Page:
There’s a reason your parents spanked you and your teacher put you in timeout when you were a kid. It’s not a tough concept to grasp: If you break rules, you’re going to get punished.
Or at least you should.
Some people believe rules are meant to be broken. When it comes to sports, I strongly disagree.
Recently, the sports world has been inundated with cheaters, some of whom have been dealt with properly; the rest have received mere slaps on the wrist.
Although it pains me to say it, Patriots head coach Bill Belichick got caught cheating in September by means of the now infamous ?Spygate.? (I’m aware of the Super Bowl XXXVI allegations, but in this country we have a policy known as ?innocent until proven guilty?). Belichick broke the rules and subsequently paid the price for doing so, compliments of rookie NFL Commissioner Roger Goodell. Belichick was personally fined $500,000; the Pats had to pay a separate fee of $250,000, plus the loss of their 2008 first-round draft pick.
Although I bleed Patriot red, white and blue, I tip my cap to Goodell for putting his foot down and sending the message that cheating in his league will not be tolerated. I’d be willing to bet that neither Belichick nor New England owner Robert Kraft ? nor anyone else in the league, for that matter ? will ever (or at least for the foreseeable future) think about illegally videotaping another team. For as NFL fans know, losing a first-round pick is like losing a first-born child, if not worse.
Point, Goodell. All others, take notes.
As noted last week by former Atlanta Braves relief pitcher John Rocker, MLB Commissioner Bud Selig has been turning his back on the widespread use of steroids and other performance enhancing drugs for years. In addition, Selig allowed the MLB Players Association to become so powerful that until 2004, there was no punishment for first-time (caught) juicers. It wasn’t until 2002 that players could be tested for steroids without ?probable cause.?
As if they were dealing with the police.
Selig was lenient (to say the least) with cheaters until very recently. And look what happened.
Baseball is a mess; the integrity of the game is ruined, and former role models have been deemed criminals and liars. And we, the fans, are left in the dust, wondering who to believe and what to think, all because Selig turned the other cheek or said ?bad boy, don’t do that again.?
And instead of worrying about a war that?s becoming Vietnam Part II or the current economic crisis in this country, Congress has to worry about steroids in baseball, a game that used to be America?s pastime.
Does that seem ridiculous to anyone else?
Monday afternoon, I sat in a room in the University of Wisconsin?s Humanities building as Selig addressed a small group of media members. Just feet away from him, I listened to him talk about how baseball is about to re-break the attendance record for the fifth season in a row. One local media member asked the 73-year-old commissioner what made him accept his recent contract extension. Selig explained that it was the owners? persuasion that kept him from retiring before 2012.
Of course the owners want Selig to stay. Ticket sales have been through the roof since the emergence of the steroid era. Home runs sell tickets.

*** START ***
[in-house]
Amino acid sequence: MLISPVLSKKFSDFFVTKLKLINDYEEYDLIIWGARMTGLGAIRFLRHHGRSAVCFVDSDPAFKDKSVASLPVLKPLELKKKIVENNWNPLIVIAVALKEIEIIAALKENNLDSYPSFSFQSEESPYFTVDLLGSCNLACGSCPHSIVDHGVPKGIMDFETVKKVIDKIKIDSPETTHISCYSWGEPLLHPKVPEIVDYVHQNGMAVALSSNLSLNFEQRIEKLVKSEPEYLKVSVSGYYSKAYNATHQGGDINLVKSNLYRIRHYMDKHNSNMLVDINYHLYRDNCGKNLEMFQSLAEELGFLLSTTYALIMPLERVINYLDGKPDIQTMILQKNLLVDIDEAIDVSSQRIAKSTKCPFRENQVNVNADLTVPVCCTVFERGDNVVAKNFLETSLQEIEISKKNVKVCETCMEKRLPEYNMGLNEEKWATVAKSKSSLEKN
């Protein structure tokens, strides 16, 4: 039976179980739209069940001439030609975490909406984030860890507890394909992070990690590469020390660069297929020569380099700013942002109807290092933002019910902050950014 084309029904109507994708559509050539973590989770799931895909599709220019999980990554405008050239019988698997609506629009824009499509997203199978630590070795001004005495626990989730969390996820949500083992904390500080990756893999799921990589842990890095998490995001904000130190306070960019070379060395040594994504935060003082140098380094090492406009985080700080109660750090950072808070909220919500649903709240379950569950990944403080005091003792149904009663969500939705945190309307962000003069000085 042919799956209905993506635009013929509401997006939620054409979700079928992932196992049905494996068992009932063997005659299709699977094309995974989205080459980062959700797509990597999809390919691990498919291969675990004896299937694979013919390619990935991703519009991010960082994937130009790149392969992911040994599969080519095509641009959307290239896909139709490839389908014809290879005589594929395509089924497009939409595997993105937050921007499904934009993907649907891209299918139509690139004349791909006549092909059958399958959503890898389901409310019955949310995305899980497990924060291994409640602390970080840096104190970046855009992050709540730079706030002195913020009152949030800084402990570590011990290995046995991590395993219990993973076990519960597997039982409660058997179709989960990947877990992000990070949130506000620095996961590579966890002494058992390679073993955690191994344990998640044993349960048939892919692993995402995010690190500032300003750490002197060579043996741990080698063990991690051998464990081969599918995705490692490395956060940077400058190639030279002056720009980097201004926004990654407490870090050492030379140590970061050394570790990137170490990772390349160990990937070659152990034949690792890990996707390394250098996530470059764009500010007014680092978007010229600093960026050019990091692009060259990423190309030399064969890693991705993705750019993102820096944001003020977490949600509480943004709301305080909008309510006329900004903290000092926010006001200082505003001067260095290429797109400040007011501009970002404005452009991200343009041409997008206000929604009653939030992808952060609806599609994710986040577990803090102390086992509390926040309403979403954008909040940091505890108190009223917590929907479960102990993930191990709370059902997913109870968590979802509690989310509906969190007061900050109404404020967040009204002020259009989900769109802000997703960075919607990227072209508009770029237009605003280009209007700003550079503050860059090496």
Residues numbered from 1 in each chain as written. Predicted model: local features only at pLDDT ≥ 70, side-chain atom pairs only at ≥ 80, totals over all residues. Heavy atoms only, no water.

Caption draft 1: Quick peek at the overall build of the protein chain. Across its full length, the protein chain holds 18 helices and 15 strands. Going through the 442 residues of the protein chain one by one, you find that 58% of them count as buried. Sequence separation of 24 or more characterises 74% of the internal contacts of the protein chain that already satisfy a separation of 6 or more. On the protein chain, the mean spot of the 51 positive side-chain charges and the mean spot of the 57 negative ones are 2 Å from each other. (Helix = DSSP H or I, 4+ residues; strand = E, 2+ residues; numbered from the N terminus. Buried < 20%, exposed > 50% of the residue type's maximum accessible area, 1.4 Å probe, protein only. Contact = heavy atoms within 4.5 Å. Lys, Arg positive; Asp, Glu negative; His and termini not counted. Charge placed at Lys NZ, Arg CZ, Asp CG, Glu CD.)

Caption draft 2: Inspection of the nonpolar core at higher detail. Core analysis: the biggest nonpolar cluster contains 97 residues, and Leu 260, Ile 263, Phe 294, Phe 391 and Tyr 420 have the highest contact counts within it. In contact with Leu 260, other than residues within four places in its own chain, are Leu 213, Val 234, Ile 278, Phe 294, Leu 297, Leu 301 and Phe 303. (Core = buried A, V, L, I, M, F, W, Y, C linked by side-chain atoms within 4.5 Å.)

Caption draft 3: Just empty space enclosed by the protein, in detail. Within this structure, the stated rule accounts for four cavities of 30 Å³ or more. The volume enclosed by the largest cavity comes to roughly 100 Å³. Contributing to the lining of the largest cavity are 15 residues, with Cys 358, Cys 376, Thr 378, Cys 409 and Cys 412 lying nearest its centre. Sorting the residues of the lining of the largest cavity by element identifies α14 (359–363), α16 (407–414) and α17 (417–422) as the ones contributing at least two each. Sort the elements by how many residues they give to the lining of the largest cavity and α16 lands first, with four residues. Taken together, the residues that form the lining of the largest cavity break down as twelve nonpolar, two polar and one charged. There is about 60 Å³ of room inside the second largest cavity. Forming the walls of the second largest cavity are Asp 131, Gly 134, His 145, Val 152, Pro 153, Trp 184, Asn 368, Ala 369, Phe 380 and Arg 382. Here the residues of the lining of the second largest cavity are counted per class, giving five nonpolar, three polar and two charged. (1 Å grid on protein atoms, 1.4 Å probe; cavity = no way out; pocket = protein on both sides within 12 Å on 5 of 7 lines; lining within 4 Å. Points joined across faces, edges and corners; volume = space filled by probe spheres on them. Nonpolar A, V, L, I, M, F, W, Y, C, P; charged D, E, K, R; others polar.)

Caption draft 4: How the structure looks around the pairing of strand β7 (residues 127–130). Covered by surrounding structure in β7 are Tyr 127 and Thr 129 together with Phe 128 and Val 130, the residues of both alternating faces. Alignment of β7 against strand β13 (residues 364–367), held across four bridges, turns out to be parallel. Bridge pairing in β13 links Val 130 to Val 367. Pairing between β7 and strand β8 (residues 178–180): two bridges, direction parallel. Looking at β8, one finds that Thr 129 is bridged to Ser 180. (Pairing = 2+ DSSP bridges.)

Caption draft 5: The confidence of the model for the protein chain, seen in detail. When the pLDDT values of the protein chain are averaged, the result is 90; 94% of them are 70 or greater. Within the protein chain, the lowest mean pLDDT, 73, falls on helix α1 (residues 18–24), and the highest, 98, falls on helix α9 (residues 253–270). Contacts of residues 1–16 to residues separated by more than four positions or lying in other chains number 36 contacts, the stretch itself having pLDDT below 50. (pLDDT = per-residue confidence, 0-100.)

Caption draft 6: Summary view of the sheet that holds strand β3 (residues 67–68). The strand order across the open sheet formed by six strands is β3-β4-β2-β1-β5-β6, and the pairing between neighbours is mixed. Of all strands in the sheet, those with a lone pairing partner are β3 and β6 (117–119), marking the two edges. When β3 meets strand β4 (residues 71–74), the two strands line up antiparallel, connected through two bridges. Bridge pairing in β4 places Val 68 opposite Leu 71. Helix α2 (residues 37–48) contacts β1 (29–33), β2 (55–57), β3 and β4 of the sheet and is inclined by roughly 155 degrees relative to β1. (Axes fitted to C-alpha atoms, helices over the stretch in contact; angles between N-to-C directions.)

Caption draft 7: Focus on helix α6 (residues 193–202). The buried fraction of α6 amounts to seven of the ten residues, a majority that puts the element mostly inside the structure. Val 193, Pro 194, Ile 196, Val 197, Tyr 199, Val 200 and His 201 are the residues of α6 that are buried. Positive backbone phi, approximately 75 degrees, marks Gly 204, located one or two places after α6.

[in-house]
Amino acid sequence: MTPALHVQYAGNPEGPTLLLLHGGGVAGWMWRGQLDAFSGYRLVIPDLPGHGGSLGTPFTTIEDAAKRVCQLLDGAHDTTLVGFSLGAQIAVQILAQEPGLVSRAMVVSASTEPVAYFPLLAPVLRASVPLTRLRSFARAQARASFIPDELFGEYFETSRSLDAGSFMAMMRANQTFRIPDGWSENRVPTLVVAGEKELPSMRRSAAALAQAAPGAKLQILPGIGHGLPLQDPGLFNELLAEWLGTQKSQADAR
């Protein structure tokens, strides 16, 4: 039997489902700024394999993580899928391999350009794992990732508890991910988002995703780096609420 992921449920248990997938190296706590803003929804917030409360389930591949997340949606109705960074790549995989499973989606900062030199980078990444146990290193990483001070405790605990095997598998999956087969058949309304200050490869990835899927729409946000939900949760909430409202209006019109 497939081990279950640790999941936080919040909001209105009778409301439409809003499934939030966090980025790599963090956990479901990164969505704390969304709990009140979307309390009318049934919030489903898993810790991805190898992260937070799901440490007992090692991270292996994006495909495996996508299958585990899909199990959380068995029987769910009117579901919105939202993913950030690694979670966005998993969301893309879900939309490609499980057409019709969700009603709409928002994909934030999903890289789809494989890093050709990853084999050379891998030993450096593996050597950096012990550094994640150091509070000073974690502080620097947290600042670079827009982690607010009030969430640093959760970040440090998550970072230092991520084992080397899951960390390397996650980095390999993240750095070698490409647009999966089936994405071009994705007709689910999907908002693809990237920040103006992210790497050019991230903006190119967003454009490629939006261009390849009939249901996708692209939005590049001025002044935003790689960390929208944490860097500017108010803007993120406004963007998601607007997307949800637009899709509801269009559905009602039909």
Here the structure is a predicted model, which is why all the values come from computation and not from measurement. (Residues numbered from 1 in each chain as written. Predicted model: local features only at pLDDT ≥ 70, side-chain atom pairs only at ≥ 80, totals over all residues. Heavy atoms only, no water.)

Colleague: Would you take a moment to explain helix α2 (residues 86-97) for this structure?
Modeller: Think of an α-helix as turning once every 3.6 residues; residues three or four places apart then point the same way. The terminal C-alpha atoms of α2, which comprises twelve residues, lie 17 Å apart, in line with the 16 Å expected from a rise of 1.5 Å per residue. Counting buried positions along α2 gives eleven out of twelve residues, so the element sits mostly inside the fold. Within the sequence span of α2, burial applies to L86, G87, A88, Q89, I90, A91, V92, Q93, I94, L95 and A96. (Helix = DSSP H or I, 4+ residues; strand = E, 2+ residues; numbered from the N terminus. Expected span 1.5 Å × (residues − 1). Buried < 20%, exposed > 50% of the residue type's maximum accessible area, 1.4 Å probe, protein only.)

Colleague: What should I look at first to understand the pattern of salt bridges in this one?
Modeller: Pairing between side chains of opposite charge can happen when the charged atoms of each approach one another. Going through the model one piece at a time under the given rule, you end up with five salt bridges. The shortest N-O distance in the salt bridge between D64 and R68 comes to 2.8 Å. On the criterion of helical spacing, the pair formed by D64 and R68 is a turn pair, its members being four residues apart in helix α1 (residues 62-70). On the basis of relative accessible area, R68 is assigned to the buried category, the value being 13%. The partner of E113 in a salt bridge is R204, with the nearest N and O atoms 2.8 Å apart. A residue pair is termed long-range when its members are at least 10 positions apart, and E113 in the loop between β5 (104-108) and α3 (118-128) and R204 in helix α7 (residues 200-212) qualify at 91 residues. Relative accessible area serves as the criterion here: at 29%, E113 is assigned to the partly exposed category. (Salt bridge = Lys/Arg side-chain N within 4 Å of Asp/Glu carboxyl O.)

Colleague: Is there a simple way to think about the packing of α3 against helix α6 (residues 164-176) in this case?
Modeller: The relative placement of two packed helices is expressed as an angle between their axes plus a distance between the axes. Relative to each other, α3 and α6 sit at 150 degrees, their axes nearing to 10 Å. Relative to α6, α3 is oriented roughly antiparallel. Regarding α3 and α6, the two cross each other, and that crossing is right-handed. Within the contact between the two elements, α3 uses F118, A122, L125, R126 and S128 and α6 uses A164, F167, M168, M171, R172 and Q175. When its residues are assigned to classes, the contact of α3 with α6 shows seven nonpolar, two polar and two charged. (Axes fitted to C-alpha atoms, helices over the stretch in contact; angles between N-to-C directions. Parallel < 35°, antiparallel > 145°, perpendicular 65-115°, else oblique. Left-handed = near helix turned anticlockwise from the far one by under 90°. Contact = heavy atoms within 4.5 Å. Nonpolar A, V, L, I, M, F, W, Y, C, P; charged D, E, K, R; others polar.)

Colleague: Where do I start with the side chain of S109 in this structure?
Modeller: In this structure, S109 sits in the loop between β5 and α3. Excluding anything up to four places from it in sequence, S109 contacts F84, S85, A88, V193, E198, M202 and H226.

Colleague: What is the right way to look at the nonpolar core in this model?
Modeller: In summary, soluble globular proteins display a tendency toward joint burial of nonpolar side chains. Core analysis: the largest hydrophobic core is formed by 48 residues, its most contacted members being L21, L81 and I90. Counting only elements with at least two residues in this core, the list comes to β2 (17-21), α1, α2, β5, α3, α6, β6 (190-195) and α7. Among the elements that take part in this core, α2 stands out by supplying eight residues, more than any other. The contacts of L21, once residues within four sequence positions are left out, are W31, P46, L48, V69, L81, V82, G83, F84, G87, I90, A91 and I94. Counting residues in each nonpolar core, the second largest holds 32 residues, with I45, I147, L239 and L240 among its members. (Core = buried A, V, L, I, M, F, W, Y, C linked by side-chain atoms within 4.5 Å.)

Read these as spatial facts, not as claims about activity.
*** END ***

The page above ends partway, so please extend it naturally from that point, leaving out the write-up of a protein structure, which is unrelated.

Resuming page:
It?s impossible to argue that Selig didn?t sell tickets; he did. He just did it unethically. And now we?re left with this disaster.
Last week, Indiana basketball coach Kelvin Sampson renewed his membership in this fraternity of cheaters and liars. In 2006, Sampson left Oklahoma with a tainted r?sum? after making 500-plus illegal phone calls to recruits. Still, IU Athletic Director Rick Greenspan decided to give Sampson a second chance last March, as he introduced Sampson as the new Indiana head basketball coach, one of the most prestigious titles in sports.
Apparently Sampson didn’t learn his lesson. He’s now accused of committing five ‘major’ recruiting violations at Bloomington, while serving a probation sentence from his first offense.
At first thought, it’s easy to point fingers at the Hoosiers’ floor general. After all, he did cheat. Twice. But after getting caught the first time, Sampson basically received a Selig-like sanction.
So can you really blame him for trying again? He did get freshman phenom Eric Gordon out of it, right?
Yes, those who cheat deserve the blame, just not all of it; the rule enforcers are at fault, too. If your mom didn’t spank you for throwing the football in the living room, you’d do it again, just like Sampson.
There’s no place for lenient rule makers in sports. Athletes and coaches alike are pampered enough as it is.
USA Track and Field (USATF) has the right idea. In October, multiple Olympic gold medal winner Marion Jones admitted to using steroids in 2000 and 2001. Jones was immediately stripped of her medals and is currently serving a six-month jail sentence.
USATF made an example out of Jones for taking steroids and subsequently lying about it. Think track athletes are going to have second thoughts about taking steroids now? You bet.
Now, the NCAA has some decisions to make about Sampson. Should Greenspan be stupid enough to give Sampson a third chance, it will be up to the NCAA to provide the proper spanking.
Recruiting violations are a big deal; they should not be taken lightly, especially for second-time offenders. A one-year ban doesn’t seem out of the question to me.
NCAA, make an example out of Sampson. He deserves it.
Derek is a sophomore majoring in economics. If you think Sampson should be given a third chance or perhaps you’d like to defend Bud Selig, you can e-mail him at firstname.lastname@example.org.